Toller, as we learn from the opening scenes, has decided to spend one calendar year writing down his thoughts and observations in a journal each day. When the year is up, he will destroy the journal, concluding an act of focus and discipline he feels compelled to put in place for himself.

First Reformed Church is in the initial stages of preparing for its 250th anniversary celebration when we first meet Rev. Toller, and he is soon approached by parishioner Mary (Amanda Seyfried), She quietly but firmly expresses concerns over her husband Michael (Philip Ettinger) and his increasingly erratic behavior.

While we hear Toller in voiceover, narrating his journal entries, we also are privy to scenes where we see an increased presence in Mary and Michael’s life. In one captivating scene, Michael debates with Toller over climate change and environmental impacts escalating out of control. We learn that Mary is pregnant, and Michael has asked her to consider an abortion, as he feels “this is no world to raise a child in.”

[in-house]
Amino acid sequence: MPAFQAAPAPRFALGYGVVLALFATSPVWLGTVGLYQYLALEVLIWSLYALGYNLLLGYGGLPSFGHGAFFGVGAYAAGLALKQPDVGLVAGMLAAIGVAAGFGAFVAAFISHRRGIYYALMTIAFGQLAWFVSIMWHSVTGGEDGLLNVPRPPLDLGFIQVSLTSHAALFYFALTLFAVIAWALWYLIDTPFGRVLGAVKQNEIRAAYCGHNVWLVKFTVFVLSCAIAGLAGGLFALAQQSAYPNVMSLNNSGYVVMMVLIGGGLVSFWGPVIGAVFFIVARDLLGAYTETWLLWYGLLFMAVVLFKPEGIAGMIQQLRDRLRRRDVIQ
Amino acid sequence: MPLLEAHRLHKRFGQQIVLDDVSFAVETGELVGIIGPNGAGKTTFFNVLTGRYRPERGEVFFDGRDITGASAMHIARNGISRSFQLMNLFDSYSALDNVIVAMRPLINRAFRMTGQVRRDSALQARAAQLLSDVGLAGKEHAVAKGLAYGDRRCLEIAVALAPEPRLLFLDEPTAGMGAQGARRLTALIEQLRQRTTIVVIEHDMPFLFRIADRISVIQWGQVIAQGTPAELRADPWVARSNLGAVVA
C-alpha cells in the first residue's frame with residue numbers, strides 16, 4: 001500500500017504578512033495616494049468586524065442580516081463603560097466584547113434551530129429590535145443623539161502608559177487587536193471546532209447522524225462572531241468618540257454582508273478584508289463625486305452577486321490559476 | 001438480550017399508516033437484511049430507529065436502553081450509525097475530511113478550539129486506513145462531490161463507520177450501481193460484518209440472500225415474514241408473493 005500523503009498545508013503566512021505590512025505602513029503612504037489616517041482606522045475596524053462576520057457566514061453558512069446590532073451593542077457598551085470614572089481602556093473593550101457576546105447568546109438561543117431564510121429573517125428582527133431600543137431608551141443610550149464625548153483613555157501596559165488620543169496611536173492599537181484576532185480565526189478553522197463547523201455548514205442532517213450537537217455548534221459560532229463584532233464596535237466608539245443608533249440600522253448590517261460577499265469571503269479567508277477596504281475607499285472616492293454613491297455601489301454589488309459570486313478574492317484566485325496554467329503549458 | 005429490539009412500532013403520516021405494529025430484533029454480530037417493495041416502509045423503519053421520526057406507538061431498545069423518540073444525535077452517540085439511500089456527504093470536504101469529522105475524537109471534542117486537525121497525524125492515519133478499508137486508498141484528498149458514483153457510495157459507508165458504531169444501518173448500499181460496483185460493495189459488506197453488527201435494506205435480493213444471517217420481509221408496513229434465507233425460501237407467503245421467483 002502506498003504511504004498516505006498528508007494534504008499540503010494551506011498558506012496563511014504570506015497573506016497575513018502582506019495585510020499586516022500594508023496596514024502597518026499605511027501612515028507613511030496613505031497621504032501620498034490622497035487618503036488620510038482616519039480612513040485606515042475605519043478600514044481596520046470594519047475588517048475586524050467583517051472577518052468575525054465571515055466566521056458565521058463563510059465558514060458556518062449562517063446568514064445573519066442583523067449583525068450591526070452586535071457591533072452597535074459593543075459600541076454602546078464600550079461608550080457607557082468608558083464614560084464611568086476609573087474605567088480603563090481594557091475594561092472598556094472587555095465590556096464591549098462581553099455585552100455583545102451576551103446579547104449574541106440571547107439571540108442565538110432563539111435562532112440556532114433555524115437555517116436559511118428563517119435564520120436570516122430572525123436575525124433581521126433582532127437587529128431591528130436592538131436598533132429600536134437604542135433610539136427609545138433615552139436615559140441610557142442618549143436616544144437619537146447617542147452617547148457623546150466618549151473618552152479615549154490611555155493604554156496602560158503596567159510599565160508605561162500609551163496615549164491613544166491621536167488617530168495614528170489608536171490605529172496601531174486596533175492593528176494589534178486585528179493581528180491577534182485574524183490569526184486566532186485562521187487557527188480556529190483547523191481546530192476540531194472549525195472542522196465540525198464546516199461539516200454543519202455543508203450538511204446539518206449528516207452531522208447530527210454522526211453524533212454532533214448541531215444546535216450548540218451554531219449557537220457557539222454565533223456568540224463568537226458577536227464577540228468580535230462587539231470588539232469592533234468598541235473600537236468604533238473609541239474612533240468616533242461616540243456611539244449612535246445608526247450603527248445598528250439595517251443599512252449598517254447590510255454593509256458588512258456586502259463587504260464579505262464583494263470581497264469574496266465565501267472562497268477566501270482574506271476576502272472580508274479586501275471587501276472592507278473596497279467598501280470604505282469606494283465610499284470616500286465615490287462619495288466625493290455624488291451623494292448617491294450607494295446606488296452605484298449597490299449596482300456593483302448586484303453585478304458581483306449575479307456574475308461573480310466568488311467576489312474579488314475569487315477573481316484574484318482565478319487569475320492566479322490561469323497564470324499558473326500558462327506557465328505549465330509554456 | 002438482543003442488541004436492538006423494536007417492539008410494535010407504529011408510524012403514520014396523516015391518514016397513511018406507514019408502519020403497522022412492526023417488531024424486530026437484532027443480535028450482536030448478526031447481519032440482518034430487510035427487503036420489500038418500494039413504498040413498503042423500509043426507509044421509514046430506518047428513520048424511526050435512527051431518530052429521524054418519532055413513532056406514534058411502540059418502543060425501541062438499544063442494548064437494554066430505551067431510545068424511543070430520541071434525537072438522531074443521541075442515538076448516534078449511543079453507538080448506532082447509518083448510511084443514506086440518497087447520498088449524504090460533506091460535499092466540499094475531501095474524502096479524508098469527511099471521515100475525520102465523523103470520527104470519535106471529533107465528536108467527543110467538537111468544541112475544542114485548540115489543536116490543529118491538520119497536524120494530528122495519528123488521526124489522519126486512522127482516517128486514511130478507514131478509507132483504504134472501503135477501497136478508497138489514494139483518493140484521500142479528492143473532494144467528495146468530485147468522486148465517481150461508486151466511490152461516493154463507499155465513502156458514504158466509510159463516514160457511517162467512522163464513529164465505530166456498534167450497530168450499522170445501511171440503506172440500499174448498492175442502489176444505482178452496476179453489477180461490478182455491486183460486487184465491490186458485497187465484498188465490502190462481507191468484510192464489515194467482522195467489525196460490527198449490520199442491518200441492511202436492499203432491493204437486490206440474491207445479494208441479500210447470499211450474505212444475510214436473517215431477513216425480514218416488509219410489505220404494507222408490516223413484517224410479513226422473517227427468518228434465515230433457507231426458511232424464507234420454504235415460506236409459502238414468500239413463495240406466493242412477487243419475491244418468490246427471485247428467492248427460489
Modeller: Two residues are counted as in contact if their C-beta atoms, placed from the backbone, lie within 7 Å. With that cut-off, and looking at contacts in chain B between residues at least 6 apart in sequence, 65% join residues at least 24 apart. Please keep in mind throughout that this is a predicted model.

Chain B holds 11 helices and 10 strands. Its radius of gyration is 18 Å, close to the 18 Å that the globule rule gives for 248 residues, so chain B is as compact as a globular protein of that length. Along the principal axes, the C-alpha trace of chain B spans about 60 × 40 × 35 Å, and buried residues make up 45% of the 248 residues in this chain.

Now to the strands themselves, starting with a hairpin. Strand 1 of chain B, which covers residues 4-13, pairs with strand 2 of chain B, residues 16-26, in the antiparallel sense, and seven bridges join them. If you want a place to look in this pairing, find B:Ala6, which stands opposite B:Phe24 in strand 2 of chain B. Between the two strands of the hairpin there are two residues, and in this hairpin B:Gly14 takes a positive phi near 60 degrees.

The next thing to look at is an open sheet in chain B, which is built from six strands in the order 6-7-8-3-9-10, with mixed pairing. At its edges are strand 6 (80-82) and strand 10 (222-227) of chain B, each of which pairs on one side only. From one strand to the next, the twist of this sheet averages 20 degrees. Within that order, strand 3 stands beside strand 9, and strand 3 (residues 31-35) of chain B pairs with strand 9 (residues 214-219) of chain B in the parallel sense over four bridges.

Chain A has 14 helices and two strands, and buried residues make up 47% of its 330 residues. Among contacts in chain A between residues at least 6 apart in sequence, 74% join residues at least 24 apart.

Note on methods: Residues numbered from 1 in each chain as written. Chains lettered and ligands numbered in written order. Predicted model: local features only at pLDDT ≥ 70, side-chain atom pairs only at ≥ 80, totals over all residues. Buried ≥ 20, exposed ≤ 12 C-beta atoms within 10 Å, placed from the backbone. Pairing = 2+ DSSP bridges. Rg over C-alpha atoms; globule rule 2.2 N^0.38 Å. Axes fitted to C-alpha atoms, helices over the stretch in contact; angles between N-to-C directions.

As the movie goes about its measured pace, we start to see cracks forming in Toller’s armor. When a tragedy shakes him to his core, Toller begins to question his calling to the ministry and begins rethinking elements from his past, he thought were previously dealt with.

As that 250th anniversary drawing closer, his meetings with Pastor Jeffers (Cedric Kyles), the leader of a prosperity gospel organization, Abundant Life, of which Toller’s church is affiliated, become increasingly intense. Toller voices strong resistance to the financier of the anniversary ceremony, local CEO, and climate change denier, Edward Balq (Michael Gaston).

Health concerns, a persistent former girlfriend, and the desperation to journal each day, coupled with a desire to become more and more reclusive, starts to overwhelm Toller until he nears the breaking point.